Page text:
Thursday before the light festival, I look out the window at our courtyard. It is filled with autumn leaves. In my head, I see my girls and I out there, cleaning up the garden, raking up the leaves and then jumping in them again (cue schmaltzy music), before finally lighting a fire in the fire pit to toast marshmallows and celebrate the end of Samhain. It’s so idyllic I can barely stand myself.
I’ve a bee in my bonnet about festivals and establishing our family culture through celebrations that reconnect us with nature’s rhythms and cycles. Probably it’s because I feel disconnected from them. Days and weeks flow by, and I feel caught up like on a treadmill, with so much doing. Summer flies by, turns into autumn and before I know it, winter is here, and I feel like I’ve forgotten to make time to connect with any of it.
Of course, this is not entirely true. The girls and I spent much of this summer climbing trees and riding our bikes. We’ve spent time at the beach, and swum, and collected shells, and we’ve made sandcastles. This autumn, we have collected autumn leaves, we have danced in them, and rolled in them, and thrown them about. We have cooked pumpkins and baked muffins and explored painting in autumnal colours. Yet my inner perfectionist is still not pleased, it’s not enough.
When Sunday finally arrives though, we are sick, and tired, and ratty. My husband is due home this morning, but his flight has been delayed. He’s been gone a week, and I’ve slept maybe 12 hours over the course of the week. Nothing has gone to plan, but still, I am holding fast to the idea that our family will have a magical time around the fire pit this afternoon. Instead it drizzles all afternoon, and all my girls wind up doing is snuggling up under blankets reading books and drawing.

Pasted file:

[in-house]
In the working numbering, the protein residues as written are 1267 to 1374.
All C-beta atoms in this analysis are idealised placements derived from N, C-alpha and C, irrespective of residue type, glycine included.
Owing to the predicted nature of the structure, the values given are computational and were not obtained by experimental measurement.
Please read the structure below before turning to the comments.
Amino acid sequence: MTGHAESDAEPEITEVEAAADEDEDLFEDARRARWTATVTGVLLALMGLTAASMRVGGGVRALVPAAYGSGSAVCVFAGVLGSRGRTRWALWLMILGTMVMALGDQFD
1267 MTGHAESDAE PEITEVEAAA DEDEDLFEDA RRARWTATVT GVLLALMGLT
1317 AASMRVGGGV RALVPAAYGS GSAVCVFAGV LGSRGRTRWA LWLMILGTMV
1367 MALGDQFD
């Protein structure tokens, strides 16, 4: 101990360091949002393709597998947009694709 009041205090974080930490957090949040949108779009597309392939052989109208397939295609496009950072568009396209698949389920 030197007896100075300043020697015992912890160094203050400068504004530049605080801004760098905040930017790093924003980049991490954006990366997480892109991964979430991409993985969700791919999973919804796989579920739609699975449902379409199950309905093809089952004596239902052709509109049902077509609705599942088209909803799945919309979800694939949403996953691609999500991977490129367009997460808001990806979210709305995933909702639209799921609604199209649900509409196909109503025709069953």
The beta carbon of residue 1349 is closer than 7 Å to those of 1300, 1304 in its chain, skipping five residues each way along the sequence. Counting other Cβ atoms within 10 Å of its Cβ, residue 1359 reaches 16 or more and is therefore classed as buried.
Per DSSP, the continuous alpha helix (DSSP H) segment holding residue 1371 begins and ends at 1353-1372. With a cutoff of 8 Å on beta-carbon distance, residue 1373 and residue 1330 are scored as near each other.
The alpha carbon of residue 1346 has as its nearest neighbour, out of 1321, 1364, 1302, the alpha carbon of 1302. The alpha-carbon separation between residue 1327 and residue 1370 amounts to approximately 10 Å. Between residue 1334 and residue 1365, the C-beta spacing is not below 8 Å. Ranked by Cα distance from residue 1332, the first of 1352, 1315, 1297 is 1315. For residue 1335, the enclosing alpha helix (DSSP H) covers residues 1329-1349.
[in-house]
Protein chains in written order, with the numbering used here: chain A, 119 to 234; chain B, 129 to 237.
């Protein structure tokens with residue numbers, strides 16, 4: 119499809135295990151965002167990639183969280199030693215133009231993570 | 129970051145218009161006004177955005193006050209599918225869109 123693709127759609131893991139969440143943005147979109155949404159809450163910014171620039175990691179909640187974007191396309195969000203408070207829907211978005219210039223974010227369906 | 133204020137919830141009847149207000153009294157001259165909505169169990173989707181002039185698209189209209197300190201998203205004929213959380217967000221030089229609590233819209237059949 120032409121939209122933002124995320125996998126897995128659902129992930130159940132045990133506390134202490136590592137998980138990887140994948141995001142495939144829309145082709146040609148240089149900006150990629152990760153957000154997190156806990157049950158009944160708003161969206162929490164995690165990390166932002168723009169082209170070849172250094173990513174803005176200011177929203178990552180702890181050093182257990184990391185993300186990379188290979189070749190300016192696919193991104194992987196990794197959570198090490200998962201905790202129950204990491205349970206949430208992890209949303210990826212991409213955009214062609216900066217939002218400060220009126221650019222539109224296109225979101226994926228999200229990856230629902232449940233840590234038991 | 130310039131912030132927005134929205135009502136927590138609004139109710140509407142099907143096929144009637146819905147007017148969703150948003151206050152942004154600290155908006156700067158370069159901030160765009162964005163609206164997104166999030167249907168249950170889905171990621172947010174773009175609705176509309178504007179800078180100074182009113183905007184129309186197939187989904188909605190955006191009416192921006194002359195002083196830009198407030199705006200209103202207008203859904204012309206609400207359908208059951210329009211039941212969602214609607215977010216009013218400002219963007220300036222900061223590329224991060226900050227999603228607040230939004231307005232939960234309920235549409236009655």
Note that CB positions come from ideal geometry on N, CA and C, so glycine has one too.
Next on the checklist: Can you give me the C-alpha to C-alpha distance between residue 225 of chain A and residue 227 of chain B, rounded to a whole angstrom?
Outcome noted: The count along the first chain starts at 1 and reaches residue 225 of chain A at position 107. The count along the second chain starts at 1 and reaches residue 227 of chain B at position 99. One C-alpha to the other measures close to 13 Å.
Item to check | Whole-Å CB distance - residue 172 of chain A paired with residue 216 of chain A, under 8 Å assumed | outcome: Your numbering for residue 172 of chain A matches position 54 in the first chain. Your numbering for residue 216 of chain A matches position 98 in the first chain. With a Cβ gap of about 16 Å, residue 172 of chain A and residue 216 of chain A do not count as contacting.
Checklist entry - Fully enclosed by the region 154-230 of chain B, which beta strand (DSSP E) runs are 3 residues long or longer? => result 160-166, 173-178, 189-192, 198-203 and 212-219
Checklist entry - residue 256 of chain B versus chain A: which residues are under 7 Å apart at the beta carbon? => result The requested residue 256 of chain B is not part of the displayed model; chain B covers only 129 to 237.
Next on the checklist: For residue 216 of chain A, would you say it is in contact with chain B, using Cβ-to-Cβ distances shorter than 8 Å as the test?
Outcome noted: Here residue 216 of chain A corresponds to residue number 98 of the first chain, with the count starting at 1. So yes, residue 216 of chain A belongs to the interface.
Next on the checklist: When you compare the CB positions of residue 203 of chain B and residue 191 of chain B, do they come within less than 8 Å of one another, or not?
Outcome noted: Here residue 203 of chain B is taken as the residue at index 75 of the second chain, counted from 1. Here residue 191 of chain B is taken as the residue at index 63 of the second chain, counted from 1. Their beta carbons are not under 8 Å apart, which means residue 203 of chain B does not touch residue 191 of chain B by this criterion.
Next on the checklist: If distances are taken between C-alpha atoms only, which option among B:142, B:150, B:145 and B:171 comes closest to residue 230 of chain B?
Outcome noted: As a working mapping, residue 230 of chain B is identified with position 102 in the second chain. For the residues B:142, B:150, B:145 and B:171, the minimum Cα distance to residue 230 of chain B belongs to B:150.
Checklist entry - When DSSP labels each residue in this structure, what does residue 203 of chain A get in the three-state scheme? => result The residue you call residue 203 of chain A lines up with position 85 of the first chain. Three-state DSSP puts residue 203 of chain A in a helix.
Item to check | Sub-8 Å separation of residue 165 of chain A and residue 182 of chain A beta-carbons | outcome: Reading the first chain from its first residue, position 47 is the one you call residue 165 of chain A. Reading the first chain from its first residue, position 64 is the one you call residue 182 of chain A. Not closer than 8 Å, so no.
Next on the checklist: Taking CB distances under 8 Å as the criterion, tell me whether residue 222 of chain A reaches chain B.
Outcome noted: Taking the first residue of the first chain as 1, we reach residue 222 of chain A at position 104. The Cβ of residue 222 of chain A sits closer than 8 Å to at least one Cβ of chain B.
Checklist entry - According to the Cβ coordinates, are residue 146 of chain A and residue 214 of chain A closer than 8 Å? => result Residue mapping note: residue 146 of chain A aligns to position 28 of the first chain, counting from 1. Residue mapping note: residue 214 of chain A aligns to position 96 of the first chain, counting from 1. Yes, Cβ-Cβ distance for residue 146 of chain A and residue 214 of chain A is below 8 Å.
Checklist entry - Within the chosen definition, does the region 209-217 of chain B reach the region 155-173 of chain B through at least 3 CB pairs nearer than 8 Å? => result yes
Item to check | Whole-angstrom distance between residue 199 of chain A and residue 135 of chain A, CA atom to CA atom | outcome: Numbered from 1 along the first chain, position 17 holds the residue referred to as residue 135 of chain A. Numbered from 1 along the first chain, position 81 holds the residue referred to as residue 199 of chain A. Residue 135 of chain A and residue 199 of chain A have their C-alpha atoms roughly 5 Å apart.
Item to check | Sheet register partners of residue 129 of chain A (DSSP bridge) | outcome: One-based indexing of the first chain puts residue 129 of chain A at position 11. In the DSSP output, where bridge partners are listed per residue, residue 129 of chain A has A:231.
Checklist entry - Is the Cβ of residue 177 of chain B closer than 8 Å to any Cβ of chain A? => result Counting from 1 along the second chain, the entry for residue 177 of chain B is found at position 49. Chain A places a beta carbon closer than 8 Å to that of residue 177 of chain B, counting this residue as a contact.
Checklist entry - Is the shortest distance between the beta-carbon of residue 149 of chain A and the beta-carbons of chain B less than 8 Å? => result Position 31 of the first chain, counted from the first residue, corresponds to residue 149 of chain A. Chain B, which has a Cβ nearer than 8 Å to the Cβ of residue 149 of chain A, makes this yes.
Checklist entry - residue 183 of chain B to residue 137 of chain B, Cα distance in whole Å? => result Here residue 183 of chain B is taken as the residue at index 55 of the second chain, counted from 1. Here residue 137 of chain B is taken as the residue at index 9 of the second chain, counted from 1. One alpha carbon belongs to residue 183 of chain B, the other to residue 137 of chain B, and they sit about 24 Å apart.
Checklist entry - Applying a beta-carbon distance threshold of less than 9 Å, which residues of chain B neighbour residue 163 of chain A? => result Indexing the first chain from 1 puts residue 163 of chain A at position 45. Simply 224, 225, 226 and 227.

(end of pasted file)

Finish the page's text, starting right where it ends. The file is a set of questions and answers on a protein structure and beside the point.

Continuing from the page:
It is lovely but it is not a fire.
‘Can I go outside now?’ whines my eldest for the second time. My youngest sneezes, and I don’t want to lift my head.
‘Of course,’ I say, dragging myself, upright. ‘You need your beanie and your scarf, your jacket and your waterproof pants.’ I’ve been on a winter spending spree and bought anything that promised warmth. The waterproof pants are felted wool overalls, they are adorable – and very warm. My girls hate them.
My eldest screws up her face up for a minute, weighing up whether it is worth the argument. Clearly she decides it isn’t, and pulls the offending pants on without another word.
Downstairs, she rips the cover off the sandpit, only to discover the sand is now under 10 cm of water. It has rained, a lot. The drainage holes I made are not working. Confusion turns to delight as she grabs a bucket and a watering can and starts making muddy puddles everywhere.
My husband’s face turns from delight to confusion, to sheer terror as he arrives home to find her grey pants are brown and her face covered in mud.
‘Mama, I love these pants,’ she calls up to me, as I stand watching her from the window of the first floor, her sister wrapped in my arms as she stands on the window ledge calling out autumn leaf pie recipes to her sister.
‘I’m glad,’ I call back.
Eventually, we all end up out there. The girls frolicking in the water and the leaves, me tending to the plants, and my husband sitting just inside the door, watching the formula one and pretending the mess is not actually happening.
Things rarely look how we want them too, and I find that perfect always comes with too much tension. We didn’t rake up the leaves, nor did we light the fire, but as we sat around the table for dinner with our faces flushed, my perfectionist calmed down long enough to consider that maybe what we’d done had been enough.